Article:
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“The Peace of Wild Things”

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Poems: May 4, 2022

“The Peace of Wild Things”

It is a rainy day.

That’s ok. I needed a rainy day.

Rainy days often cause for some reflection—and this day is one of those.

A friend sent me this Wendell Barry’s poem the other day—and today seems a good day to read and think about it. I had not read it in quite a few years.

The Peace of Wild Things 

When despair for the world grows in me

and I wake in the night at the least sound

in fear of what my life and my children’s lives may be,

I go and lie down where the wood drake

rests in his beauty on the water, and the great heron feeds.

I come into the peace of wild things

who do not tax their lives with forethought

of grief. I come into the presence of still water.

And I feel above me the day-blind stars

waiting with their light. For a time

I rest in the grace of the world, and am free.

—Wendell Berry

Written by louisaenright

May 4, 2022 at 8:09 am

A Poem Plan

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Turkey Tracks: December 13, 2021

A Poem Plan

In this dark time of the year, it’s good to spend a little time contemplating…the past and the future.

This poem came into my social media the other day. Is a gift of the universe?

Written by louisaenright

December 13, 2021 at 9:40 am

Jan Corson’s “Temperature” Quilt

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Turkey Tracks and Books: February 24, 2021

Jan Corson’s “Temperature” Quilt

One of the projects in our Mt. Battie Modern Quilt Guild this past year was to make Temperature quilt during the year, starting in January 2020.

Jan Corson sent me pics of her finished Temperature Quilt the other day. And it is quite interesting and engaging.

Jan and I have been exploring methods and patterns in Jacquie Gering’s book WALK, which uses one’s walking foot to quilt. Jan used the information in the book to quilt her Temperature quilt.

The big “reveal” of several ongoing challenges will occur later this month in the Mt. Battie Modern Quilt Guild meeting. So pics of these challenge projects will be on the Mt. Battie Facebook page some time after the reveal.

WALK: Quilting With Your Walking Foot

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Turkey Tracks: February 8, 2021

WALK: Quilting With Your Walking Foot

There are some quilts I make that just don’t want to go on the longarm. A longarm machine quilts side to side, so any kind of long diagonal line, or, even, a straight line that runs down the length of the quilt, would not work well with my machine’s 18-inch throat.

Jacquie Gering’s book WALK comes to the rescue of how to quilt with your walking foot.

Debbie of her A Quilter’s Table blog recommended this book, and you can see her work with this kind of walking foot quilting in so many of the quilts in her gallery.

What I learned immediately is how to figure out exactly where the needle is when the walking foot is installed—so that it is easy to make clear, precise lines AND to echo curves. Some of the quilting designs are just…amazing.

If you read this blog at all you know that I love learning curves—especially quilty learning curves. So, you will not be surprised to learn that I’m going to quilt “My Pips” with curves made with my walking foot.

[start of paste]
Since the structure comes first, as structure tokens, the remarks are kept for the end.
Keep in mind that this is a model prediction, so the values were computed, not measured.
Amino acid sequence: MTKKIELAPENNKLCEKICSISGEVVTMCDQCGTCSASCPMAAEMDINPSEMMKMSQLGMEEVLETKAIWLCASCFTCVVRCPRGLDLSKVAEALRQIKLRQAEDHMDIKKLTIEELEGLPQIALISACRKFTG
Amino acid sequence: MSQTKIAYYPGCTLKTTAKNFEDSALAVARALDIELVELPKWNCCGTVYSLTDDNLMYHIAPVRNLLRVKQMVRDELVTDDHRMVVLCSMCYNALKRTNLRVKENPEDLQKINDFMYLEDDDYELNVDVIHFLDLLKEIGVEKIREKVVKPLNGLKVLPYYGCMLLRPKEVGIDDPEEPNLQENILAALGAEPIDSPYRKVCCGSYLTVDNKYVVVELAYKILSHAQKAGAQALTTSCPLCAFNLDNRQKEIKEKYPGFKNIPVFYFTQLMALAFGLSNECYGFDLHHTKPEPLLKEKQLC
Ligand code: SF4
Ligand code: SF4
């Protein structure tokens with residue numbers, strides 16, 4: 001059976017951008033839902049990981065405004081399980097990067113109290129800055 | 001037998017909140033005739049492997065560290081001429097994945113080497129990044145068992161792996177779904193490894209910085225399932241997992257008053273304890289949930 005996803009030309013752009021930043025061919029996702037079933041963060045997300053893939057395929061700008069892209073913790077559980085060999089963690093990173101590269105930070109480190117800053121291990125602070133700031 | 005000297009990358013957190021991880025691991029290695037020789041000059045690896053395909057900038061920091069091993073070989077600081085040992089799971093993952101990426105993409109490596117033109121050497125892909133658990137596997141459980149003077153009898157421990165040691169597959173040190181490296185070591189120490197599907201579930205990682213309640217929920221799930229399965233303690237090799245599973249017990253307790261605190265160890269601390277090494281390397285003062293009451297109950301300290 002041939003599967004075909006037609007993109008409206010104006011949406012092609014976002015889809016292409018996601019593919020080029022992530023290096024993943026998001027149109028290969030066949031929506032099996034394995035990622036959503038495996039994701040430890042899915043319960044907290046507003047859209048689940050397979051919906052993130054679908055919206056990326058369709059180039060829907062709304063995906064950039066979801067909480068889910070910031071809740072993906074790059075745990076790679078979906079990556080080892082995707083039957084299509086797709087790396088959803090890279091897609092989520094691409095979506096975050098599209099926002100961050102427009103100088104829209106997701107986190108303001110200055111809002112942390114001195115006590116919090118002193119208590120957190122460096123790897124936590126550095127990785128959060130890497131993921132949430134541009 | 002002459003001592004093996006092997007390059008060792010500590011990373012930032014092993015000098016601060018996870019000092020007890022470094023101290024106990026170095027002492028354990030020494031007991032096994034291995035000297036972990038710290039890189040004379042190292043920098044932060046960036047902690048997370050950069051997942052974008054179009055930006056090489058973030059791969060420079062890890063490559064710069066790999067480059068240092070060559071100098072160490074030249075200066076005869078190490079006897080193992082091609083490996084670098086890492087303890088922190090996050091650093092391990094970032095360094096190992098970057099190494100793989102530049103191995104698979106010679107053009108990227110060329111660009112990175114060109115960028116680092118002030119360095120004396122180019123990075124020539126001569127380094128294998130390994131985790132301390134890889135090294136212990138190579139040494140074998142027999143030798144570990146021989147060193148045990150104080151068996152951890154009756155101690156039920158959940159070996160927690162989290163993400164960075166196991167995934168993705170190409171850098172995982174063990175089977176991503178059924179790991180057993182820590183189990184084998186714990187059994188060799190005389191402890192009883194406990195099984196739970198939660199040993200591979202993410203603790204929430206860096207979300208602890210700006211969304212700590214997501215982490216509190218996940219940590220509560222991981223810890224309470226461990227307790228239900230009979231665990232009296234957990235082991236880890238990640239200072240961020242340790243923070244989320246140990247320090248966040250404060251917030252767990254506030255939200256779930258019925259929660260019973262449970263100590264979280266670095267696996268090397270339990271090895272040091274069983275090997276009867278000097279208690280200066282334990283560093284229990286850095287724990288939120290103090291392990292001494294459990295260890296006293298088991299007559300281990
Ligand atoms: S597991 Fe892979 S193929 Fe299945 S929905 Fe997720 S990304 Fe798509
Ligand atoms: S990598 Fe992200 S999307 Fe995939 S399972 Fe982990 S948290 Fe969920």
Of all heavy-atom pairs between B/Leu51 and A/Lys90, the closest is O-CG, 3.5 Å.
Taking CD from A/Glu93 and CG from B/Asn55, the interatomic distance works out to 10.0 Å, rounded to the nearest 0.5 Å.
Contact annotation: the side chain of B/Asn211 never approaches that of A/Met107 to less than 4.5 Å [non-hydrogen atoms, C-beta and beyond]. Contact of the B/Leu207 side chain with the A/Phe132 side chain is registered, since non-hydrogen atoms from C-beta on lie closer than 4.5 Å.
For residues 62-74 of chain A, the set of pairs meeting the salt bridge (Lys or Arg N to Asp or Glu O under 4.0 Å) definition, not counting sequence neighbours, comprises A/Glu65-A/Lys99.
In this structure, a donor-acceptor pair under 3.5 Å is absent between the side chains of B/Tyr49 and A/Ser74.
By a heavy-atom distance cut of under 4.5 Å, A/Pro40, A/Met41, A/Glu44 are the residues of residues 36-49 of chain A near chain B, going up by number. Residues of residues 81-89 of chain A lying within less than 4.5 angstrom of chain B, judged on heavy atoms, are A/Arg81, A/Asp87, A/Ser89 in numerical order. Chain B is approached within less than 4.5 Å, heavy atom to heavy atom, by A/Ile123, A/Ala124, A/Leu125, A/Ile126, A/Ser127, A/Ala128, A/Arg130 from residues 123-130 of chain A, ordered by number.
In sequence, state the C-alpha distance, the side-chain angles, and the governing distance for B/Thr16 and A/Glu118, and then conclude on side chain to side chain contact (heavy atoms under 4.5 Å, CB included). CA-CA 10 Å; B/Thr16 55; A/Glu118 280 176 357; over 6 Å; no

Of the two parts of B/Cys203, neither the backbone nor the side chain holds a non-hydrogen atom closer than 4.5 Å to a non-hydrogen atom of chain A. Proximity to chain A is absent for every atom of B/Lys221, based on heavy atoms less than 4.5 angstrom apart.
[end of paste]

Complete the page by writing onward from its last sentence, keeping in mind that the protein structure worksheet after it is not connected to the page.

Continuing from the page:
Written by louisaenright

February 8, 2021 at 9:02 am

RBG: A Life Lived Fully

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Turkey Tracks: September 28, 2020

RBG: A Life Lived Fully

I grew up and married in the days before Ruth Bader Ginsberg began to change the American culture with regard to discrimination of all kinds. I could give you lots of examples of where I was not only “lesser than” the men who formed relationships in my life, but under their thumbs, which meant I was considerably less free than these men were.

Now I’m 75, and I am having a really hard time believing that we have returned to a time where much of what was changed can be made to revert. And, that a solitary white woman who thinks she has the right “truth” might be the fulcrum that makes this reversion possible.

We are all now faced with the power of a minority of white male politicians to change our lives in ways many of us cannot imagine. In the end, I do not think they will be successful, but the burning question is how far away “the end” lies.

Here’s a screenshot of a poem that might have been read at RBG’s funeral service and that holds something different: the power of love to change a culture in ways that are healthy for all human beings.

RBG will be powerfully missed and is powerfully loved by so many people in this country—precisely because she understood the power of love.

Written by louisaenright

September 28, 2020 at 12:54 pm

Curtis Sittenfeld’s Deliciously Wicked and Interesting Books

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Books: August 8, 2020

Curtis Sittenfeld’s Deliciously Wicked and Interesting Books

I totally enjoyed Curtis Sittenfeld’s novel AMERICAN WIFE, which writes an imaginary “history” of Laura Bush and her life with “W.” I’m sure I blogged about it here some years ago.

I just finished listening to RODHAM where Sittenfeld reimagines an alternate life for Hillary Clinton—one in which she does not marry Bill Clinton. The New York Times reviewer liked it, but noted that the novel covers much of Clinton’s life that others have detailed and that Clinton herself has covered in her memoirs. Since I have not read any of this material, I was not bored with the book. On the contrary, I really enjoyed it. Sittenfeld is capable of a deliciously wicked sense of humor. She flays out Bill Clinton repeatedly and holds up Trump for outlandishly funny mocking.

I’ve read SISTERLAND and enjoyed it, but it didn’t really stick with me the way these books on American presidents’ wives has.

I’ve put her ELIGIBLE into my Audible feed. This novel is a rewrite on PRIDE AND PREJUDICE. It should be fun.

There are other Sittenfeld novels as well…

Written by louisaenright

August 8, 2020 at 9:54 am

Books, Documentaries: Michelle Obama’s Memoir, BECOMING

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Books, Documentaries: June 18, 2020

I woke up this morning to the news that yet another young African-American man/boy was found dead—hanging from a tree in California with a rope around his neck.